Column: Missouri cooperated with the NCAA, and it paid the price for doing so
Missouri was handed postseason bans for its upcoming football, softball and baseball seasons on Thursday.
Feb. 01, 2019
Missouri was praised by the NCAA for self-reporting infractions as soon as they were aware of it. “In this case, Missouri did the right thing and self-reported,” David Roberts, the chief hearing officer for the committee of infractions, said in a press call on Thursday. It didn’t matter.
It was proven that the university knew nothing about the actions of a former tutor who completed 12 student-athlete’s coursework and there was no evidence that she was pressured to “go rogue” and complete work. It didn’t matter.
MU was handed down postseason sanctions for football, baseball and softball during the 2019-2020 athletic seasons on Thursday after an NCAA infractions committee found academic fraud committed by Yolanda Kumar, who was not named in the findings.
These sanctions come four years after the University of North Carolina was found to have an 18-year history of academic fraud with around 188 “paper” classes that kept hundreds of student-athletes eligible. The University of North Carolina was found to have known about these classes during the NCAA investigation, but the university never self-reported to the NCAA about them.
In that case, the university was given no penalties or sanctions by the NCAA.
“A Division I Committee on Infractions could not conclude that the University of North Carolina violated N.C.A.A. academic rules,” the NCAA said in a statement in 2017.
Would things have been different if Missouri had not cooperated? Does this incentivize schools to not cooperate with the NCAA in the future? Roberts was asked just that on Thursday. His response?
“One could certainly make that argument.”
That’s all you need to know about these sanctions. Missouri was punished, very severely, for telling the truth. North Carolina didn’t tell the truth and wasn’t punished, showing the NCAA’s selective enforcement.
Today Missouri fans learned that college sports is a cynical world where lying gets results and nice guys, who self-report, finish last.
It’s even more evident with the NCAA’s treatment of Kumar. She was the whistleblower who helped the NCAA and was essential to the investigation. Her reward was a 10-year show-case penalty. This means that, during that time period, any NCAA school that hires her must restrict her from tutoring athletes.
After not being able to lay down sanctions on North Carolina, the NCAA waited for an opportunity to come crashing down on a university to show how tough it is on academic misconduct.
With Missouri’s self-reporting, the NCAA saw an opportunity and Missouri was harshly punished, partially for doing the right thing at the wrong time.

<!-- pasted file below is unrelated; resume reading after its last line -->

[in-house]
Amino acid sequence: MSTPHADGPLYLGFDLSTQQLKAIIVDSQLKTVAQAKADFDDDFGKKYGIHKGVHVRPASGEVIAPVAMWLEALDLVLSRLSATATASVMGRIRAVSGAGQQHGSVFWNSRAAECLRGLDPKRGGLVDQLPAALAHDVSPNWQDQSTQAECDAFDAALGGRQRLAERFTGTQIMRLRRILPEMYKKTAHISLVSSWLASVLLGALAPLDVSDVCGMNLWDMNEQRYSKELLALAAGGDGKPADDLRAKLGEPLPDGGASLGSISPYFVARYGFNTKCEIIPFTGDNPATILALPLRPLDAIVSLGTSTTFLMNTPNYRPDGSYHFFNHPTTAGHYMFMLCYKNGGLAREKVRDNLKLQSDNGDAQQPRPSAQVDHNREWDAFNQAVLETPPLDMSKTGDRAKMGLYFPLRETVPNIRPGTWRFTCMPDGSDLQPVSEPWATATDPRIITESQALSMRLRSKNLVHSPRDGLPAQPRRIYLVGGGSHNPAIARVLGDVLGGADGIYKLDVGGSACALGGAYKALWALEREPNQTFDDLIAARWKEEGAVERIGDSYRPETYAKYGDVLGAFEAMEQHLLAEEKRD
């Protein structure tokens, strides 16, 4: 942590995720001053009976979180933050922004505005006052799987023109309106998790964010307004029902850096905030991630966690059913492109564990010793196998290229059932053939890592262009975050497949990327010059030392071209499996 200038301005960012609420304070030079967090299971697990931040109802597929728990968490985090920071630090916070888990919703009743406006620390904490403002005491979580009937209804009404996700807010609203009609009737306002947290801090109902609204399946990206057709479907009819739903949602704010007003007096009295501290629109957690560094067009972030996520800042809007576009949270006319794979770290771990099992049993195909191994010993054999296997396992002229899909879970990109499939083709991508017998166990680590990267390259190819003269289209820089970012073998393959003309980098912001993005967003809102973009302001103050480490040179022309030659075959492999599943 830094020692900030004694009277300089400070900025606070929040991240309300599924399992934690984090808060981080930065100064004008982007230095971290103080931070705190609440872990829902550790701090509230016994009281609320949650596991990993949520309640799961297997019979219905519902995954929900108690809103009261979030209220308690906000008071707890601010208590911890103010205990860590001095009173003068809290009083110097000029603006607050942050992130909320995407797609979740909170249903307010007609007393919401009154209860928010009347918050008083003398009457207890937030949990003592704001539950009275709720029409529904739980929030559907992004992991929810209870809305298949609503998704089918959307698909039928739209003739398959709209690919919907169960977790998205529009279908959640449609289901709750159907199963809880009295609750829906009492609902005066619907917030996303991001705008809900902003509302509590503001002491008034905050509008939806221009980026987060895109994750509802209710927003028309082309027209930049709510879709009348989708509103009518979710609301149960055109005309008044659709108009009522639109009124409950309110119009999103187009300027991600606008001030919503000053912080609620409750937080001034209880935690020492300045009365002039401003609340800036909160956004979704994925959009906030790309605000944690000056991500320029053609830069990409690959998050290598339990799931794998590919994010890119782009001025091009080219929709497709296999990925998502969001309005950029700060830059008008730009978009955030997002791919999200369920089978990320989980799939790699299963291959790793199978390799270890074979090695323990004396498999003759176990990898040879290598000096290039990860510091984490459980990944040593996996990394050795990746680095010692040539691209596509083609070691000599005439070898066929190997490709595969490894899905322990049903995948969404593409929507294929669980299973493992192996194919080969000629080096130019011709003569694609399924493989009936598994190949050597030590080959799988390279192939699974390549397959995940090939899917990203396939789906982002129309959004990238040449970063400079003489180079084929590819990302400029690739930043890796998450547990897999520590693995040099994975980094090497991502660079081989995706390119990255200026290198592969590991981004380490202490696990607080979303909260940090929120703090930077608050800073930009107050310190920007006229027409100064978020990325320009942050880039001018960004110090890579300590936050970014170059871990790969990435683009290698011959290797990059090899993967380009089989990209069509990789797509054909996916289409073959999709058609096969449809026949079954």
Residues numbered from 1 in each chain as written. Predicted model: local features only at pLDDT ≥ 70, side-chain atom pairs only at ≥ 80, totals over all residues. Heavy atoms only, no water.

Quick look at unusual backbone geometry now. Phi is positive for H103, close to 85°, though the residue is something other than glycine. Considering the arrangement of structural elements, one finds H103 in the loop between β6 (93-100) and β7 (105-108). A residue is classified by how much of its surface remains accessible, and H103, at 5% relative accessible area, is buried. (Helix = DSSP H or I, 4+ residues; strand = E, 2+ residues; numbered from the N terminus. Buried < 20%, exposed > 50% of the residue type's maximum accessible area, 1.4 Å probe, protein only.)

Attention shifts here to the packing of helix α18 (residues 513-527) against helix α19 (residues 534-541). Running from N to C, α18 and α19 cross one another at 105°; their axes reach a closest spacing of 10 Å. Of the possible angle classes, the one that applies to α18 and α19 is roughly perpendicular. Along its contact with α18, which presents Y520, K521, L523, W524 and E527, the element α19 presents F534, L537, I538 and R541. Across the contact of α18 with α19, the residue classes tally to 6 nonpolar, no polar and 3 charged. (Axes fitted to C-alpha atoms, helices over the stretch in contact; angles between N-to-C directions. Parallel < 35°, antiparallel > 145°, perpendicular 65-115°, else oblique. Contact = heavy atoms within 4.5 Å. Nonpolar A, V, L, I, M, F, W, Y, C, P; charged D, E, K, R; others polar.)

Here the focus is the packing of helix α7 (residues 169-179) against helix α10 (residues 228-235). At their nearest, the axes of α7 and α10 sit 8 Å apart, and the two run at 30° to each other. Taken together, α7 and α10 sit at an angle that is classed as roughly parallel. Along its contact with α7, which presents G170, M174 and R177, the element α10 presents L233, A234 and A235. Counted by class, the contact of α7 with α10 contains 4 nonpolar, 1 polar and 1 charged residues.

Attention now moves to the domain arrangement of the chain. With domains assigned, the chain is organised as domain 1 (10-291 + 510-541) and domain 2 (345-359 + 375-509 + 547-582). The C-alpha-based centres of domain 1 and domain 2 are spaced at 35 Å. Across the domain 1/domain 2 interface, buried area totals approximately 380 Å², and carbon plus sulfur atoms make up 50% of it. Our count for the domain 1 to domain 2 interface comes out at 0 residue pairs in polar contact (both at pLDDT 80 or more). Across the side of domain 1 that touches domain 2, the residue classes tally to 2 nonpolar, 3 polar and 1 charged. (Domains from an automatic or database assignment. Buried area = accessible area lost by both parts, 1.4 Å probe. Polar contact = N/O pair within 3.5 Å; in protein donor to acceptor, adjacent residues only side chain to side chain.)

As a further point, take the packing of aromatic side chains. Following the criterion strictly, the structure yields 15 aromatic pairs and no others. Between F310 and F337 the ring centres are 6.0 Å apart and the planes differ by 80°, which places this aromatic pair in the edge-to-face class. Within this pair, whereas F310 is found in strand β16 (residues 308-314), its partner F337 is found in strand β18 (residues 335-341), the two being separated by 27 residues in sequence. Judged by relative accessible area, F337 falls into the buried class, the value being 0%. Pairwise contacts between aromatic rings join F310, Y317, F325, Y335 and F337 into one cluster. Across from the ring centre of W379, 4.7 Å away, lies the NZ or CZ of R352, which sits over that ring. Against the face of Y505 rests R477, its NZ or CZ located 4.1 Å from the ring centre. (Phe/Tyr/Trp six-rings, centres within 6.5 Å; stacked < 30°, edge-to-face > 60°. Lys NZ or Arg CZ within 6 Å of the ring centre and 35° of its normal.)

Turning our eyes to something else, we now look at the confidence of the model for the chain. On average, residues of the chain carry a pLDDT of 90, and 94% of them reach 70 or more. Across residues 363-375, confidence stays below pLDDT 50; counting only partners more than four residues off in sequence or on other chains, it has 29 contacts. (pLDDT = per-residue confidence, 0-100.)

The large scale hypocrisy of the NCAA’s enforcement is evident, but just looking at how it affects MU ignores the biggest victims of today’s sanctions, the student-athletes and coaches themselves.
The tutor involved in the fraud at Missouri was hired in 2010 and resigned in 2016, according to the St. Louis Post-Dispatch, meaning any fraud between her and student-athletes happened during that time period.
But while one tutor and 12 athletes who were at the university during the mid-2010s were the ones found of wrongdoing, the athletes and coaches on campus today are the ones paying the price.
Incoming quarterback Kelly Bryant came to Missouri without any involvement or knowledge of sanctions or wrongdoing and freshman safety Martez Manuel was in seventh grade while some of the academic fraud took place, but they will be the ones sitting at home without a bowl game to play after they finish their first season with the Tigers.
Neither Barry Odom or softball coach Larissa Anderson were hired in their current positions at MU until after the scandal occurred, but they will both bear the brunt of what occurred under their predecessors. Anderson in particular, since she starts her first season as Missouri’s softball coach a week from tomorrow.
Athletic director Jim Sterk announced that the university plans to appeal the sanctions and is “prepared to win,” but that will be difficult since Sterk is appealing to the NCAA, who handed down those sanctions in the first place. They’ll serve as the judge and jury in the cases. The appeal might last long enough to allow baseball and softball to compete in postseason play, since teams can’t be punished while the appeal process is ongoing, but the appeal attempt will likely be finished before football season.
If there is anything Sterk and the athletic department have learned today it’s this: In college sports, no good deed goes unpunished.
Edited by Adam Cole | firstname.lastname@example.org